A Fort Bend ISD teen is being honored for trying to “keep the peace” among her peers while subsequently being disciplined by her school. It’s a glaring contrast that activist Tammie Lang Campbell, founder of the Honey Brown Hope Foundation, says is indicative of what is wrong in FBISD. 

Nahyle Agomo was suspended from Thurgood Marshall High School after trying to deescalate a fight between fellow students. She says school officials told her that she should have found an adult, and then she was suspended for three days for “disruptive conduct.” 

“My intent was to stop a pregnant student and her unborn child from getting hurt. The district ignored my intentions and wrongfully suspended me,” the honor student said. 

Campbell says the district continues to unjustly penalize Black students. 

“Fort Bend ISD refuses to hold their administrators accountable for not being onsite to deescalate the incident, but they insist on upholding the wrongful three-day suspension of an honor student who should have been praised – not punished,” Campbell said. 

Campbell says her organization decided to honor Agomo with the Peacekeeper Award 

for her effort to bring about peace among peers.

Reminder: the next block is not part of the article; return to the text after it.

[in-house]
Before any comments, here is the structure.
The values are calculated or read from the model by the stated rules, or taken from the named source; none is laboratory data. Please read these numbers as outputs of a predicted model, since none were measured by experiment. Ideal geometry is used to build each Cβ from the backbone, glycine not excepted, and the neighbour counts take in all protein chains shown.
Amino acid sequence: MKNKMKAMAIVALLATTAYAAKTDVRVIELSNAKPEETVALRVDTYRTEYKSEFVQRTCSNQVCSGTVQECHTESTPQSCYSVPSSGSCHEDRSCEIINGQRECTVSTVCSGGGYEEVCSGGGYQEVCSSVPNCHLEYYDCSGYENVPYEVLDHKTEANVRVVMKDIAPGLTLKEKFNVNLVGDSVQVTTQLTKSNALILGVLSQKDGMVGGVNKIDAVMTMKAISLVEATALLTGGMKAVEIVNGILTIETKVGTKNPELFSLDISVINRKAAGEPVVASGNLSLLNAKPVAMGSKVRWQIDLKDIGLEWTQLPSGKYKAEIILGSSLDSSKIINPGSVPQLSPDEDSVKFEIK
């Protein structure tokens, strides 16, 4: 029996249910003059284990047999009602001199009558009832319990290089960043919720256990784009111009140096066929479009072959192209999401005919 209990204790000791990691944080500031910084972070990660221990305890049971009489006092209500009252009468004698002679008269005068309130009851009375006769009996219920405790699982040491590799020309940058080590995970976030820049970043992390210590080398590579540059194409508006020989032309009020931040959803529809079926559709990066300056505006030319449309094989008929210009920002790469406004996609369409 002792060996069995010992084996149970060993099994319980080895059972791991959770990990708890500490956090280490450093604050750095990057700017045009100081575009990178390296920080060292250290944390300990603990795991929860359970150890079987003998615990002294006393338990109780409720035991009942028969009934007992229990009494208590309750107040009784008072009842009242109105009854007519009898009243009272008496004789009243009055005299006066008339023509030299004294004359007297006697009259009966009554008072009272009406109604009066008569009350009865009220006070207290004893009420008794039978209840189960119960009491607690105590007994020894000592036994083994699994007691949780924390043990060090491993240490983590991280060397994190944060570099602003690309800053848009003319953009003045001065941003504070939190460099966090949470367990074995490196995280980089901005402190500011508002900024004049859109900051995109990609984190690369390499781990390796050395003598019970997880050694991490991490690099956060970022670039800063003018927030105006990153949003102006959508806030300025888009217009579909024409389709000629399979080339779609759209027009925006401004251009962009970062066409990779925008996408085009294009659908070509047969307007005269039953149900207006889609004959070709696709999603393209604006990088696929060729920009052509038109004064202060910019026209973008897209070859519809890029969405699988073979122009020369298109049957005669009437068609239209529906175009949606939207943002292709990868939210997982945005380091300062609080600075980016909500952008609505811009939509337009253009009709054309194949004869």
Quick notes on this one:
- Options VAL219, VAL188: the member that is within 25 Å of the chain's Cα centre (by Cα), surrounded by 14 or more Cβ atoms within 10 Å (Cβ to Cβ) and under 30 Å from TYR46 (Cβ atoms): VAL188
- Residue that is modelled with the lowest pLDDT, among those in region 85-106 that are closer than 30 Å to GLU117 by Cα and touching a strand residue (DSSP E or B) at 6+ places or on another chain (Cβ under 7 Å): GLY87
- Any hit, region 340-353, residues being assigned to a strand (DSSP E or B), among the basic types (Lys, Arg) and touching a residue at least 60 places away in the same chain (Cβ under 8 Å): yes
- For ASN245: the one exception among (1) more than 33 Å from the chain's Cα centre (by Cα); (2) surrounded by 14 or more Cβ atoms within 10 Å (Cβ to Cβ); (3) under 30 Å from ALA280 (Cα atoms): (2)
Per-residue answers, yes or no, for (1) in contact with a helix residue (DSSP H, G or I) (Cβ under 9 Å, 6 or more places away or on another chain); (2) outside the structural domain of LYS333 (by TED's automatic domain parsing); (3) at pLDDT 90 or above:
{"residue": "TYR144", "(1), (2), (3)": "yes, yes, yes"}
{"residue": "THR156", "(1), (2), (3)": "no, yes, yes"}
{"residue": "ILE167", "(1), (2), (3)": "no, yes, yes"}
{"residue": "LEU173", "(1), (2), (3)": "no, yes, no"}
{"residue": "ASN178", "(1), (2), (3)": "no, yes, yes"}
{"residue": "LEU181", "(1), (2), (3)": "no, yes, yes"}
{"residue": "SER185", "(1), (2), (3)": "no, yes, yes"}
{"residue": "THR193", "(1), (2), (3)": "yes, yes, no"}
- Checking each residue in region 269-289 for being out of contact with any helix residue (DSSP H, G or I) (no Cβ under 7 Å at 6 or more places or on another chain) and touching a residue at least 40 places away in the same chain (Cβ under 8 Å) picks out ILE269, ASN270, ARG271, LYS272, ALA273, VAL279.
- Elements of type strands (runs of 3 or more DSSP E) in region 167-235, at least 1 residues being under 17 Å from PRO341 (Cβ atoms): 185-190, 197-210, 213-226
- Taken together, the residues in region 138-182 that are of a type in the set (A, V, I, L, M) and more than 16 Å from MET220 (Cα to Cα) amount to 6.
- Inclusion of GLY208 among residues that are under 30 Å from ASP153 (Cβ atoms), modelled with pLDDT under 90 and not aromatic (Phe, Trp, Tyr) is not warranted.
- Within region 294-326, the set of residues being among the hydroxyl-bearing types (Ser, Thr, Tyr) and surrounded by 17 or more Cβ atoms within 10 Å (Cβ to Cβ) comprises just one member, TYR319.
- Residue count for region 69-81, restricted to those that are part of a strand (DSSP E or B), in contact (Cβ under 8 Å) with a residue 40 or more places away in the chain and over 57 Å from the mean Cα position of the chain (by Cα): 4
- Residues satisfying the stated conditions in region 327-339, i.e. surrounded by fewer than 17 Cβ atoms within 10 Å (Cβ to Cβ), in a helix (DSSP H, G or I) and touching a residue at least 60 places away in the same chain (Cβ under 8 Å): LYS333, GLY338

“Even though the district will not remove the suspension from my record, the outcome is better because of The Honey Brown Hope Foundation’s help to not only have my side of the story added to my official record, but also because of them giving me the Peacekeeper Award,” added Agomo. 

According to a six-year study conducted by the U.S. Department of Education Office of Civil Rights (OCR), Black students in Fort Bend ISD were six times more likely to receive out-of-school suspensions than white students and four times as likely to be placed on in-school suspension. During the 2016-2017 school year, African-American students represented about 64 percent of all students who received out-of-school suspensions in FBISD, even though only 28 percent of the FBISD student population is African-American. 

Despite the study, FBISD Superintendent Charles Dupre disputes any disparities, saying during an earlier interview that schools across the country struggle with racial gaps in discipline and larger trends and patterns found in his district do not equate to wrongdoing or discrimination on the district’s part.